Blueberries Minus The Milk

One of the Eight Foods To Eat Every Day is blueberries.  Blueberries also happen to be one of my favorite foods.  I will often add them to whatever smoothie I am having for breakfast.  Or I'll drop a handful into my cereal or oatmeal.  I love blueberry muffins.  And, in the summer, when they're in season and plentiful, Jane makes a killer blueberry pie!

The reason blueberries are so good for you is that they are packed with polyphenols which provide blueberries with antioxidants.  However, according to a new study reported in the journal Free Radical Biology and Medicine, the antioxidant power of blueberries is significantly reduced by consuming blueberries with milk.  This has to do with the protein in milk. The study was conducted using people who consumed their blueberries with milk or water.

The blood work of  people who consumed the blueberries with milk did not show an increase in levels of plasma antioxidant capacity.  The conclusion the authors of the study draw is that  the best way to gain maximum benefits from blueberries (and other fruits eaten for their polyphenol content) is to consume them either one hour before protein is consumed, or two hours after.

So while we're not consuming dairy, we usually eat our blueberries with almond milk, also a source of protein.... We'll have to stop doing that if we want to get the full antioxidant benefits of our blueberries.

Source:  Natural News

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Comments

  1. This is quite interesting, as previous research has found that consuming tea with milk has the same effect, rendering tea significantly less healthy. It seems well possible milk could have the same effect on most antioxidants.

  2. Hi Maija,
    I hadn’t read that about the tea… Do you know if it was it the protein in the milk that caused the tea to be less healthy?
    (Looks like further reading is in my future.)

  3. It was quite widely publicized a few years ago. I looked up the study and apparently it was the casein (the protein in milk which is the most problematic in general) that caused the problem. So those of us using plant-based milks should be “safe” – though it’s certainly not _impossible_ that some plant-based milks (mainly soy) could also impair the absorption of some antioxidant and flavonoids. Soy is, after all, known to contain some “antinutrients” (which impair the absorption of minerals), but they are thought to be mostly eliminated when processing.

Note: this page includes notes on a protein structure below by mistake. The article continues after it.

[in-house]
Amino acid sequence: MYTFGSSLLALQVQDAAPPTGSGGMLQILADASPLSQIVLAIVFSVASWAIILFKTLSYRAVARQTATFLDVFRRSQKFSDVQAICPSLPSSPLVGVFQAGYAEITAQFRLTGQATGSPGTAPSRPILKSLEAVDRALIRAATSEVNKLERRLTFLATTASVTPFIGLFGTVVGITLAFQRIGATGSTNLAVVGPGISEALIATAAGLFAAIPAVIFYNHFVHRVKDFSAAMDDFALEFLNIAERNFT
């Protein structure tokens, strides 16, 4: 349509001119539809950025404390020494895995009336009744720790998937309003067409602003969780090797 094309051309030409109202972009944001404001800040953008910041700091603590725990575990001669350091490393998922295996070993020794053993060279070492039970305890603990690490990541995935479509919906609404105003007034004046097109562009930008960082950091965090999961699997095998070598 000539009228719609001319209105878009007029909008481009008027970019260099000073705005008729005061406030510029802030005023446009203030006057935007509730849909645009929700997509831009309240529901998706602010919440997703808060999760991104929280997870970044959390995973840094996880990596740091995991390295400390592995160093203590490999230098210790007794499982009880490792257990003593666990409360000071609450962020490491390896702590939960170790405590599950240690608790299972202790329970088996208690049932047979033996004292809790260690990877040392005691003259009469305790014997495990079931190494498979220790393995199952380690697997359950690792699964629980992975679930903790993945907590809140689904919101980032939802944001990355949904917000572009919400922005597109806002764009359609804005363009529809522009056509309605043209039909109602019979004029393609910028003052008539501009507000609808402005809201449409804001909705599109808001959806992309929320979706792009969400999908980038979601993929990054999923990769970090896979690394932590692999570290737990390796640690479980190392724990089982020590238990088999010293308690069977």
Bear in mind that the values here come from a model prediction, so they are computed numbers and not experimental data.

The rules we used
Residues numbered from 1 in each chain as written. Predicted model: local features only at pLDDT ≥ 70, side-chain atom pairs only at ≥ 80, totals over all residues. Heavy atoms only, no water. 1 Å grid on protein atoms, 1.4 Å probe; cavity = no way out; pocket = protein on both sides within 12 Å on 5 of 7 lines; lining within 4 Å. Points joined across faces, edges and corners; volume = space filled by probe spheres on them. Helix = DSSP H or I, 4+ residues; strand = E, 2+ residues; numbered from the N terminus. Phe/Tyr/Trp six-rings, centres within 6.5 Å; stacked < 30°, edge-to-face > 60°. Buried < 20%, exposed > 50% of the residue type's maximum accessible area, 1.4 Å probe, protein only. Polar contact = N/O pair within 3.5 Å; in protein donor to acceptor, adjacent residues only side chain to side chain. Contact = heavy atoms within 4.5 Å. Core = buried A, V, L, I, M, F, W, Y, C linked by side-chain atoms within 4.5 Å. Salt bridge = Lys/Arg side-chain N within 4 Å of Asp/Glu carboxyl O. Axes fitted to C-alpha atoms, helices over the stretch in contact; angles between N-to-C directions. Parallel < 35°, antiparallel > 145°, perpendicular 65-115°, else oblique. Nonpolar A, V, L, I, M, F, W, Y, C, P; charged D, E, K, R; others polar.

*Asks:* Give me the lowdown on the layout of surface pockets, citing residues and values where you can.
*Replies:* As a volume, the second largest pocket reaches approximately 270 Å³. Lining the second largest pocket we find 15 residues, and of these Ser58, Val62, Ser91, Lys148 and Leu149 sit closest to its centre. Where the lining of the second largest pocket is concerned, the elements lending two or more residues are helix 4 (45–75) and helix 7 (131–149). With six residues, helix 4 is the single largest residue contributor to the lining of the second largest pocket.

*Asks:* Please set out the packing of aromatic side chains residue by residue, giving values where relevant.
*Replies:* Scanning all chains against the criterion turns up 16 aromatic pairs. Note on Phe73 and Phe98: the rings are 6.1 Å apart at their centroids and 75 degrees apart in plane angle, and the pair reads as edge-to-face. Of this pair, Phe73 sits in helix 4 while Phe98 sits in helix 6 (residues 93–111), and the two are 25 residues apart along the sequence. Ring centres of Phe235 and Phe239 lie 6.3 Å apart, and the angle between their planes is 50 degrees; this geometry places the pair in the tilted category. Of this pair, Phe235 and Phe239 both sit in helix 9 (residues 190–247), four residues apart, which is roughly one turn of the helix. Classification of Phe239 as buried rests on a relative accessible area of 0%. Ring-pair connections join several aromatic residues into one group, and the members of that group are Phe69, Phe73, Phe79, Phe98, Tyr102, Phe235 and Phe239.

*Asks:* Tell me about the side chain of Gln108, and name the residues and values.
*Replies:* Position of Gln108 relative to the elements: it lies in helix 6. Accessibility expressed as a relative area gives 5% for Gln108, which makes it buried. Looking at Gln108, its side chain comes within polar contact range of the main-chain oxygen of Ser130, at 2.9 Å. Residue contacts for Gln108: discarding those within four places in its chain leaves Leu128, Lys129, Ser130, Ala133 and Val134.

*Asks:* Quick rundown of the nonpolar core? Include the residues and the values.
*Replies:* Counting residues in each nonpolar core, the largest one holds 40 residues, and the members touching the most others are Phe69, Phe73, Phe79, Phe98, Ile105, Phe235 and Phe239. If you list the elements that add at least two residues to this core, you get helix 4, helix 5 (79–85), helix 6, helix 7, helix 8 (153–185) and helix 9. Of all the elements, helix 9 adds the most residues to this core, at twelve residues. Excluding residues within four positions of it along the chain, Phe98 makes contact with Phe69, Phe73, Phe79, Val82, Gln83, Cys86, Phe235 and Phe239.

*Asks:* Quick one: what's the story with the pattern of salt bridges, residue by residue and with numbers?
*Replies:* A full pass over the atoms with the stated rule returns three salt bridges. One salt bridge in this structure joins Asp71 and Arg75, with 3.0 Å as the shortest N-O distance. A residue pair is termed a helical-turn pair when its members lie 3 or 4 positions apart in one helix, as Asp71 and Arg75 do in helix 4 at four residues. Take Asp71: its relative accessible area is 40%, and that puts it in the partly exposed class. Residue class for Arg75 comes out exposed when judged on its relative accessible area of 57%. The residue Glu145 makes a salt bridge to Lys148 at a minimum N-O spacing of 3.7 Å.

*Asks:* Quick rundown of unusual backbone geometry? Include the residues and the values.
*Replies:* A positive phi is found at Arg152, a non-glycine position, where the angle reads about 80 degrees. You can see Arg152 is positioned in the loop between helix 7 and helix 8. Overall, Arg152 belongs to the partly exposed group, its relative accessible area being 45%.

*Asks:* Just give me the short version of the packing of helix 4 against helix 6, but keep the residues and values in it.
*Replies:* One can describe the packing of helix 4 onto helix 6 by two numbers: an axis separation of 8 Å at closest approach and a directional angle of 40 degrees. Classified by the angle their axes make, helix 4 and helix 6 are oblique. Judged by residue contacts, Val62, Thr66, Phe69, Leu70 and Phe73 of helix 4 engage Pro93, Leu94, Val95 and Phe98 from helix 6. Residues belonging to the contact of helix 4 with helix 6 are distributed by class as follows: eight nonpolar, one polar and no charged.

I’m fairly sure this study will inspire future research and the future studies will probably examine whether plant-based milks have any bad effects on nutrient absorption.

  4. Hi Maija,
    Thanks for the update, I hadn’t gotten around to searching for the tea study yet. If it’s the casein, then we’re safe. The article I read simply talked about “protein” in general, so to play it safe, we’re going to make sure we consume more of our blueberries without consuming any protein at that time. But we’re not going to be lunatic about it either.

    I would suspect you’re right about this study inspiring additional research to be done on the topic. And then we’ll find out some other amazing and/or contradictory facts. Sometimes I find it amazing what we still don’t know about basic things like nutrition!

  5. Hi all, we use almond milk (original) with only 1 gram of protein — with frozen organic wild blueberries and walnuts – makes a delicious smoothie.

    My question is: does anyone know if blueberries retain their super powers, if combined with almond milk? It’s not dairy milk, and has very little protein. So, is this a better idea, if we’re looking for ways to get all the benefits of blueberries? thanks.

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